You’ve heard people remark that something is an “acquired taste” right? But have you ever thought about what that actually means? What changes in our taste buds that takes us from hating the taste of something to liking the taste?

Taste buds, which are sensory organs, are located in your tongue. If you stick out your tongue you will see that there is vast amount of bumps, these bumps are called papillae. The papillae on your tongue have two responsibilities: they help grip the food you chew and they house the taste buds that allow you to experience if something is sweet, sour, salty, bitter, or umami (we’ll explain). Each taste bud has a microscopic hair, called microvilli, that send signals to your brain about the tastes you are experiencing. All food and drinks are made up of chemicals that give what you are consuming it’s flavor. When you start chewing you are breaking down and releasing these chemicals to be dissolved in your saliva. This is when the hairs pick up the different chemicals and send the message to your brain that then allows you to know if what you’re eating is something that is sour, salty, etc. The process of food turning into taste is called gustation.


There are thousands and thousands of taste buds in your mouth, the average person usually has around 10,000 taste buds that regenerate every 2 weeks. The thing is that taste buds aren’t just in your tongue, you can rest assured that they are also located in the roof of your mouth as well as in your throat. So like stated before your taste buds let you know when something is salty, sweet, sour, bitter, or umami. But what does it mean when something has an umami taste? Well it’s actually just the Japanese word for ‘savory’. Umami literally translates to “pleasant savory taste.” So it’s up to you if you want to act fancy AF and refer to your 5th taste as ‘umami’ or you just want to stick to being basic and refer to it as ‘savory’, we won’t judge.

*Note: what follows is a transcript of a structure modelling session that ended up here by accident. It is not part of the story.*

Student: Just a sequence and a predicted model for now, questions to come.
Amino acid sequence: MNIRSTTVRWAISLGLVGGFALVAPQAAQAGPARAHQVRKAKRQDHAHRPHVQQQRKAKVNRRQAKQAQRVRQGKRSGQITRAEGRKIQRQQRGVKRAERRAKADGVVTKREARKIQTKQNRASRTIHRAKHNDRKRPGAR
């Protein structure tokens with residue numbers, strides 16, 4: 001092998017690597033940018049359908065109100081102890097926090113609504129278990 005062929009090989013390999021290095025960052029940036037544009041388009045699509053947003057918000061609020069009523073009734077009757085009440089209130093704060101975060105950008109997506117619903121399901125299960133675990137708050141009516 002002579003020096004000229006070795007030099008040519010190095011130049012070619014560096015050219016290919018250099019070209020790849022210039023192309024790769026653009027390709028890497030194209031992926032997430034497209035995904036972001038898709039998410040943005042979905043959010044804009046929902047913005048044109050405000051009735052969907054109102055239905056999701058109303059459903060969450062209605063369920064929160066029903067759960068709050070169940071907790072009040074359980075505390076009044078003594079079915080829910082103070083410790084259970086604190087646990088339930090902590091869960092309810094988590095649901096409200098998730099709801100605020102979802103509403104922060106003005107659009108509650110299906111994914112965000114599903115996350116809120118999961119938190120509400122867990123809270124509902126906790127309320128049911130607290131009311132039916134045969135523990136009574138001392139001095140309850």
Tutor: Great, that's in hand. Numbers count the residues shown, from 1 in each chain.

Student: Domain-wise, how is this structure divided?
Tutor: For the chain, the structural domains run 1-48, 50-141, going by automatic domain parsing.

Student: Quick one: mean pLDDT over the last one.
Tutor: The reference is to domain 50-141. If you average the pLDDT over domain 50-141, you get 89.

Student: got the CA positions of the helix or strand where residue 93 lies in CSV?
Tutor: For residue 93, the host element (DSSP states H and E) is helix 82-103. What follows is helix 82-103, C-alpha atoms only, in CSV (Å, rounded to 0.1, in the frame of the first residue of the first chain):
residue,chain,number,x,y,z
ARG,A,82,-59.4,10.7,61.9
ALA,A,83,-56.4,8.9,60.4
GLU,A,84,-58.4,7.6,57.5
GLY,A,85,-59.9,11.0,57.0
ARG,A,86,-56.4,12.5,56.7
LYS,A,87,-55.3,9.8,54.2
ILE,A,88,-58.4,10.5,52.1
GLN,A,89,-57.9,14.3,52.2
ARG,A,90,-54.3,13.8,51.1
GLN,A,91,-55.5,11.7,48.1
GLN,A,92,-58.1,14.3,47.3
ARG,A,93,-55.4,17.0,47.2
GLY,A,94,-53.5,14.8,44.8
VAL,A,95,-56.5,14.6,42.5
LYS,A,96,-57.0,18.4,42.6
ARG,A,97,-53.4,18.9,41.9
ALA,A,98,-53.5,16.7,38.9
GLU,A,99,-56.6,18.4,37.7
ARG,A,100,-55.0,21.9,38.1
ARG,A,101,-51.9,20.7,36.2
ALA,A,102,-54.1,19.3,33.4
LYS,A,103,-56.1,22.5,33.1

So what happens when we go from hating a particular food to enjoying it? Well first you have to know that your taste buds don’t work alone to determine taste. Your nose also plays a crucial role in finding something appealing or not. Olfactory receptors inside the nose work with your taste buds when picking up the different chemicals that are released when you chew your food. The olfactory receptors also send the information to your brain so that you know the true flavor of what you are eating. This makes sense when you think about how it is much more difficult to taste your food or drink when you have allergies or a stuffy nose.


The answer to how our preference in taste can change is actually not that scientific. You have the ability to learn to like foods (tastes) you might have previously detested or vice versa. How you respond to a particular taste has to do with many factors: expectation, aversion, exposure, cultural influences, psychological influences, and even age. For instance, if you’ve never been a fan of ginger and you have recently become close with someone who eats it with every meal you might find yourself more inclined to try it which might lead to you developing a taste for it. Or maybe your favorite snack ever since you can remember is potato chips. And one day right before you got stomach poisoning you had eaten a whole bag of your beloved chips, you probably realized after recovering that you can’t even stand the smell of a bowl of chips let alone the taste. This would be called an aversion, an aversion is a distaste you can develop towards something you’ve consumed right before becoming sick, aversions can last anywhere from a couple of weeks to many years. The way you feel about particular tastes will usually be something you have control over so the next time you come across that particular beer you hate the taste of maybe think more positively and give it another chance, after all alcohol is alcohol.